6. Is there a chance that you came out from the AC and the temp and humidity were still high enough to frost over a lens surface? I have thought about going out the last few nights, but here in Eastern NC the sky has been way too hazy and any shots taken outside has involved letting the camera and lens acclimate in a bag as I moved from indoors to out and vice versa.
  7. Patricia,
    I know that PN Member Bob Atkins has written a couple of articles on getting some successful Moon shots at different stages of the Moon. And, there were quite a few discussions in many of the forums around the time of the Super Moon a couple of months back.
    Unfortunately, I can not find the exact article of Bobs that I had read. However, here's a link to one of Bob's articles that may help
    I do wish I could find the ones that I had read. I do remember that they were somewhere under the Learning Tab above, and after briefly reading, I went out and tried a few shots with some great results, and not too much effort thanks to the Articles. I do also remember that the best details can be achieved just after the full moon.
    This was one of my first attempts at a Moon shot.
  8. Moon light is reflected sunlight so the get the proper exposure, use the sunny 16 rule or a variation, like the sunny f 11 rule depending on brightness and atmospheric conditions. For the sunny f 11 rule, set your ISO at 200, shutter speed at a 1/200-250 sec, and your f stop at f 11. Shoot in RAW. Put your lens and camera on a tripod, turn off VR, focus manually (turn off AF) and trip the shutter with a cable release. If your camera allows for ISO 100, set it and lower the shutter speed to 1/125. After you take your basic exposures, bracket them to allow for variations in light. If light is not intense, use an ISO that will result in a shutter speed of at least 1/30 -1/60 of a sec to stop the motion of the moon. I have found that a 400mm lens on a 1.5 crop factor sensor yields a moon size that provides decent size and detail. Full moon shots are not as impactful as other moon phases in that they lack shadows on the face of the moon found during other phases.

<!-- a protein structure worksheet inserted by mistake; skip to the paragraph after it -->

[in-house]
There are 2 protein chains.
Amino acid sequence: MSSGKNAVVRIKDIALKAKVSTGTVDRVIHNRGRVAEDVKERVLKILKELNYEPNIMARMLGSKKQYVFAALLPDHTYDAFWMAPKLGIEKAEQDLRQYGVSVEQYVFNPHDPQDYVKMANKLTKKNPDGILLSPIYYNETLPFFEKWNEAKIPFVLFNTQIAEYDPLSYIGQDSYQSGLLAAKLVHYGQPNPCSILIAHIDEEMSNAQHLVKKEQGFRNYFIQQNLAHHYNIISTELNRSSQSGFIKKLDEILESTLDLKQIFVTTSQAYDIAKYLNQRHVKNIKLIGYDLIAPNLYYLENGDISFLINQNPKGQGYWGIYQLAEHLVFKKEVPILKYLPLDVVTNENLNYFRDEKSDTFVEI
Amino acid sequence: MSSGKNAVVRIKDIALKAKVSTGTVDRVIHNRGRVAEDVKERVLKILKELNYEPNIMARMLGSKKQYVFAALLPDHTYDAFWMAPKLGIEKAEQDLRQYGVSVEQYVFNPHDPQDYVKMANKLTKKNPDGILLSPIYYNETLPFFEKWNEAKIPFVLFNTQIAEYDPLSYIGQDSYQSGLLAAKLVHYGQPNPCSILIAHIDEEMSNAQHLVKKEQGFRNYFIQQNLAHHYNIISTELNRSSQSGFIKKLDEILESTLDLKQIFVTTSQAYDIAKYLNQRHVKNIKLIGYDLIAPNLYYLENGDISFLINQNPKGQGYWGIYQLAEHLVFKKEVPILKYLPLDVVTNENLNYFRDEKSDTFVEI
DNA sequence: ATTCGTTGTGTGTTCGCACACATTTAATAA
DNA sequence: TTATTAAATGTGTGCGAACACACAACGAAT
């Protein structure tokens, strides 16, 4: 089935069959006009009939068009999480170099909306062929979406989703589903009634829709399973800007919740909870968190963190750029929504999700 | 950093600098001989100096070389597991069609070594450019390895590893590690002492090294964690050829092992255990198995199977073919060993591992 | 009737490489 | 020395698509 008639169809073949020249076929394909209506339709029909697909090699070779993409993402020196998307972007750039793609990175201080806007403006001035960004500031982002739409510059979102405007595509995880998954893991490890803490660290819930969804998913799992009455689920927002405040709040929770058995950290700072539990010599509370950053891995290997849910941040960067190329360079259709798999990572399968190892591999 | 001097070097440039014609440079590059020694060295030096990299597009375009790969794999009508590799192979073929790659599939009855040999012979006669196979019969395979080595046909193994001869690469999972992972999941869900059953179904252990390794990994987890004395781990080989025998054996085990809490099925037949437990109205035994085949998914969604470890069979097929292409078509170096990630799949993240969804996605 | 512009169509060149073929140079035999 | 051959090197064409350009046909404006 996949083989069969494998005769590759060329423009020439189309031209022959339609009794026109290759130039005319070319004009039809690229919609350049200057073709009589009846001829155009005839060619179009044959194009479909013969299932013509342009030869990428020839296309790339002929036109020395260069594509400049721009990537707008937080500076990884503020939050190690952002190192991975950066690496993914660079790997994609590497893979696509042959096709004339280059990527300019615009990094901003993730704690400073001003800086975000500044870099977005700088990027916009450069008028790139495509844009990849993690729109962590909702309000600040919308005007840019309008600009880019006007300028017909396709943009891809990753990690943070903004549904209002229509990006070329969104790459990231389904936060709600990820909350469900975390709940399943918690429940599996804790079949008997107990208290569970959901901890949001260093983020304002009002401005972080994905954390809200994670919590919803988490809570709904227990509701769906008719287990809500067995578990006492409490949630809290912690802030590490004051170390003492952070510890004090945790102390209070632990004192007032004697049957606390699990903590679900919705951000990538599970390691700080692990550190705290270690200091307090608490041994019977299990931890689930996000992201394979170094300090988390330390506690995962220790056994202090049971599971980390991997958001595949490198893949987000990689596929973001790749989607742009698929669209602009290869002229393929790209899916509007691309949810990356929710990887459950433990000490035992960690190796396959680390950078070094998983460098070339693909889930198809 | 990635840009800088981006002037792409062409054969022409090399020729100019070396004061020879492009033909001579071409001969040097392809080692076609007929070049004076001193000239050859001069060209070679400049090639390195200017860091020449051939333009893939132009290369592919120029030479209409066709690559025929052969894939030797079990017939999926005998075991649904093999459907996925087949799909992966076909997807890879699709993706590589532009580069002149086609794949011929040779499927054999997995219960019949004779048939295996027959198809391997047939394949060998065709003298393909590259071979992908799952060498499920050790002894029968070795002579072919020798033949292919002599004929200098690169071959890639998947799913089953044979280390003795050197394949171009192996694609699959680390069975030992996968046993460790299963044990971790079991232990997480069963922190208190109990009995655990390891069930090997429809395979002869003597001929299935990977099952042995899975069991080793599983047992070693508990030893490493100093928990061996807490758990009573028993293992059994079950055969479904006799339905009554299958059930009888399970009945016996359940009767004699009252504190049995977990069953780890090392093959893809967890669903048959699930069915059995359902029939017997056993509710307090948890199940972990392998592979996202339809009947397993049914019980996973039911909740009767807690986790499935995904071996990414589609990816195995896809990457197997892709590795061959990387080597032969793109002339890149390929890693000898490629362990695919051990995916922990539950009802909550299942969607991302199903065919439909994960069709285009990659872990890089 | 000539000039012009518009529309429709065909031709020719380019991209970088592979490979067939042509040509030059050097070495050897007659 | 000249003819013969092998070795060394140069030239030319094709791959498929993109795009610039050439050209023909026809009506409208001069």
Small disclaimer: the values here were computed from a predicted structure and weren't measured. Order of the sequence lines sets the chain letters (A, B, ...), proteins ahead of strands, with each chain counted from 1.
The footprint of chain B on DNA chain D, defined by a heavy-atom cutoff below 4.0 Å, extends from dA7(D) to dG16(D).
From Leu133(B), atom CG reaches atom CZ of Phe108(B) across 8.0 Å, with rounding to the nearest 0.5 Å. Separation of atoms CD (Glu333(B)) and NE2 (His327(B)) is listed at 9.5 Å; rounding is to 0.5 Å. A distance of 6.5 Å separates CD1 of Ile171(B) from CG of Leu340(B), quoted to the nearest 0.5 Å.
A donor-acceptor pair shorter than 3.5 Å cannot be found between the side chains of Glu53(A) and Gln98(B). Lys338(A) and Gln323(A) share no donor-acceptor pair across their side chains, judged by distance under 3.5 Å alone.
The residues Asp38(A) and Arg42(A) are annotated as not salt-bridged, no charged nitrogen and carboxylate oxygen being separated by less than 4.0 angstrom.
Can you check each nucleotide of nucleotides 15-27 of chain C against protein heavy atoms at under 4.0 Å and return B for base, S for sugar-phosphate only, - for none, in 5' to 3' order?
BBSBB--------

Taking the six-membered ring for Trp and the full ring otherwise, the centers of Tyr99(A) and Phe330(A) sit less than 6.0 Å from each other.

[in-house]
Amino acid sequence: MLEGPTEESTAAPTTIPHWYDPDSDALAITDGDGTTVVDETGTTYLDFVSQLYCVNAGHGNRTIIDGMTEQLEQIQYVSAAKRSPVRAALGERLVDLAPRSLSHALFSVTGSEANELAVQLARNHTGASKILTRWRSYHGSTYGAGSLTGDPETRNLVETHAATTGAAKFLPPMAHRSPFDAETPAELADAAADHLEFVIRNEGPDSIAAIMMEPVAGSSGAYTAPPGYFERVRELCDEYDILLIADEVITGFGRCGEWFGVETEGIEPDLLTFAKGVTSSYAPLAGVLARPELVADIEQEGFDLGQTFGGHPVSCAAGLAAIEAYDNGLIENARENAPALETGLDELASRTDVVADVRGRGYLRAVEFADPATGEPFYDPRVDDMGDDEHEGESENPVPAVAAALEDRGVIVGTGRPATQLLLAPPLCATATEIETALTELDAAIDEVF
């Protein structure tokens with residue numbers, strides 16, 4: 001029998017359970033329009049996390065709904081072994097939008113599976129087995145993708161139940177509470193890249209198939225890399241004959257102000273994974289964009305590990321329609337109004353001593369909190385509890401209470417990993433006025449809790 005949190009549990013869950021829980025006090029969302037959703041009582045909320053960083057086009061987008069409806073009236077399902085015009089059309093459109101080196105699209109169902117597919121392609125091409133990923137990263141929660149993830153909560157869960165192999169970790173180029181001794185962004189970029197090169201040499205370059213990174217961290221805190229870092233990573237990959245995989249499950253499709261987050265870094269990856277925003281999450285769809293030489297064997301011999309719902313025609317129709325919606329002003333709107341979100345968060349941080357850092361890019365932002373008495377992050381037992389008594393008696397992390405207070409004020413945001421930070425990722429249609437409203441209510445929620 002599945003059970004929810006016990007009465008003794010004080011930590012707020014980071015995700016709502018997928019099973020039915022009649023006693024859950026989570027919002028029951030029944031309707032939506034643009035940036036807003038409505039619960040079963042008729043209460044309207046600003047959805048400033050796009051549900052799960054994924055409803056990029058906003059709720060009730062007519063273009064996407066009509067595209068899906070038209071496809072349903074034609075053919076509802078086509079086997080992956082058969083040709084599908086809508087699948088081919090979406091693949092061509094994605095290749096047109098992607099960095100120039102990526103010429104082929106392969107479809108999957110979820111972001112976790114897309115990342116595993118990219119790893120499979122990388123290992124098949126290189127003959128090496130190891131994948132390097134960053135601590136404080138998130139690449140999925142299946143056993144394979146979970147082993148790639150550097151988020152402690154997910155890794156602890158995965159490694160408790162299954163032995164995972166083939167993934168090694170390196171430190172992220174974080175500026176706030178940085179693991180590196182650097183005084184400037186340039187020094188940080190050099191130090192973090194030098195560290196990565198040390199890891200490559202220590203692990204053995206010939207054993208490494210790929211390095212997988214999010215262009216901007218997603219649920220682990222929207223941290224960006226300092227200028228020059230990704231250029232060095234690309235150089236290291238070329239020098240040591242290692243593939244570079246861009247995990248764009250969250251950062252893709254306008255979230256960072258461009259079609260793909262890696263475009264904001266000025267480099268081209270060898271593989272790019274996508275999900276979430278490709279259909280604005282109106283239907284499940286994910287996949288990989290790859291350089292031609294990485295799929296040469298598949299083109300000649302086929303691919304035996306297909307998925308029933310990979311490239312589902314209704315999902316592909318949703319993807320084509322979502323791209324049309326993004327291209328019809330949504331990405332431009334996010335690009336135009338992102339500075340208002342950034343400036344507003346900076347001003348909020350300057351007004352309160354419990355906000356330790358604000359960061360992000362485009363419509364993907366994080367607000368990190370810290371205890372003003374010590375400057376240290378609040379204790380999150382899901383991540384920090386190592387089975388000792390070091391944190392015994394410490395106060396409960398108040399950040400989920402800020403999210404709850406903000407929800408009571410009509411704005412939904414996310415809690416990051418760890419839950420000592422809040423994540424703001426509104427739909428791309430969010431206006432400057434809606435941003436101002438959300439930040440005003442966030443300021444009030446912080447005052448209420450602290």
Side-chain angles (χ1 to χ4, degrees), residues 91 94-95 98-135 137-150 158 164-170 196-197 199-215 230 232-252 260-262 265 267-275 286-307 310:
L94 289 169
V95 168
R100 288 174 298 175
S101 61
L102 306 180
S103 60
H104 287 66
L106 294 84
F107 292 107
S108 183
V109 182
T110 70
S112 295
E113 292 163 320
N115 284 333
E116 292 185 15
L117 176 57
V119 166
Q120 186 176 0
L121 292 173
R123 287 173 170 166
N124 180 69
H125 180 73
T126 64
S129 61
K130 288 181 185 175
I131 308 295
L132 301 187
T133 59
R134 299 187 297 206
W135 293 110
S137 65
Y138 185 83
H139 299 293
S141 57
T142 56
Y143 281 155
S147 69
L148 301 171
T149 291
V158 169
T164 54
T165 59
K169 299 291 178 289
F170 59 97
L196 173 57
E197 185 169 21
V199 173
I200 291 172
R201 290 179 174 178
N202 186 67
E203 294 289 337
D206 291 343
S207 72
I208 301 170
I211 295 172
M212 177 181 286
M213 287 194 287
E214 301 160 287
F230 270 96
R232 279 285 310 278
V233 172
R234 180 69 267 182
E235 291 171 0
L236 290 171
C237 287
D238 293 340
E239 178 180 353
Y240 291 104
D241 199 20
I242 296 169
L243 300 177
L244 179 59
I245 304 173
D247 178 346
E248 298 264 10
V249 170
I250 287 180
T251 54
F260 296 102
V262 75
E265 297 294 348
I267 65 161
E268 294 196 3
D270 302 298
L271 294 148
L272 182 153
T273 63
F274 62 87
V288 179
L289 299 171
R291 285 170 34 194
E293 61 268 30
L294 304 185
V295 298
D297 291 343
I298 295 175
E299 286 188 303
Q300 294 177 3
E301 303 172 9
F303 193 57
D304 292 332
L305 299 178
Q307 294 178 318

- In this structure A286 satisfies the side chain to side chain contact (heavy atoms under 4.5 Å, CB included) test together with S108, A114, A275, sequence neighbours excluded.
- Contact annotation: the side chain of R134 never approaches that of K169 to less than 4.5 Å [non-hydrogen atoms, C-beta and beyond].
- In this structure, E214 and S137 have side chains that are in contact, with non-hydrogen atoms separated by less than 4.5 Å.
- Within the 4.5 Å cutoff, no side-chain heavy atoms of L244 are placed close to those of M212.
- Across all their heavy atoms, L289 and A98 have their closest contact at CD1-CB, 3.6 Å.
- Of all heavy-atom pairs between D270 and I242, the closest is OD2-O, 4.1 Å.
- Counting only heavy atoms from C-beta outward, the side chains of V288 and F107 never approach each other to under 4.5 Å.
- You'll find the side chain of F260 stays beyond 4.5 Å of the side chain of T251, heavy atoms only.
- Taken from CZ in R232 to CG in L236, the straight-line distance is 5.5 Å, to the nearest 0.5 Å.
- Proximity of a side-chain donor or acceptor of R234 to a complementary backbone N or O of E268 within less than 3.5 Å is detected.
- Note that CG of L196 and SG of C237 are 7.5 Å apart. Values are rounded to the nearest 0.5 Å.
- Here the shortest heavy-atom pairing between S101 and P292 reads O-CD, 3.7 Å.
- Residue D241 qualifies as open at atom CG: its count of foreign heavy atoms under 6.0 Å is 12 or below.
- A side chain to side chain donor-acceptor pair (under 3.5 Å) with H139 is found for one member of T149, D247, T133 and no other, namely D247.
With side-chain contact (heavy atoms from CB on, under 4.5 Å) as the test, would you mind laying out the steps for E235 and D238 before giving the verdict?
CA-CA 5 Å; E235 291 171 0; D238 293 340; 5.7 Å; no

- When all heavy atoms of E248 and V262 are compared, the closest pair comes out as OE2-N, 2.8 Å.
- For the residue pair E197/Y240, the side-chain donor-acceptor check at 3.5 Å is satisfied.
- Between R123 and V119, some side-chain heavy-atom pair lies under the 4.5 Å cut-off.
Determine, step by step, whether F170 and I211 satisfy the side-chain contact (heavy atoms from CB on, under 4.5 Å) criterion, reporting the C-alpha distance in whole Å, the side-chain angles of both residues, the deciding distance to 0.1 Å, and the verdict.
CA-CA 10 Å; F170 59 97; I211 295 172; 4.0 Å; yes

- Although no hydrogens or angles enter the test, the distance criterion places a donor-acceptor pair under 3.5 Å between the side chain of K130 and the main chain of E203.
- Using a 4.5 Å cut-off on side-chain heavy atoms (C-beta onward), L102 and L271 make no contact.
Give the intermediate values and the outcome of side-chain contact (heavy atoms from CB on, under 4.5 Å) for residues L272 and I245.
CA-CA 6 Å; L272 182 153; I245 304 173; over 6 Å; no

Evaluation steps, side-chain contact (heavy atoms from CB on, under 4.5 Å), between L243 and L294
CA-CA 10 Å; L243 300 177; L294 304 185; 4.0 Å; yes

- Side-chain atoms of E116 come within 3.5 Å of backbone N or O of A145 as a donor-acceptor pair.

Joe Smith
  9. The first image is overexposed a bit, plus if there is even a slight haze in the atmosphere you'll get that "glow" around the moon.
    Wait for a very clear night, then shoot at several different exposure settings until you get the effect you want. Underexposure is probably better than overexposure. Autoexposure probably isn't the best way to go.
    A little more info here - and another example shot here -
  10. Thank you for all the responses, links, etc. I get so frustrated looking at what my "point and shoot" did and then looking at my DSLR on manual settings. I will study all these responses and try the various tips and see what I come up with.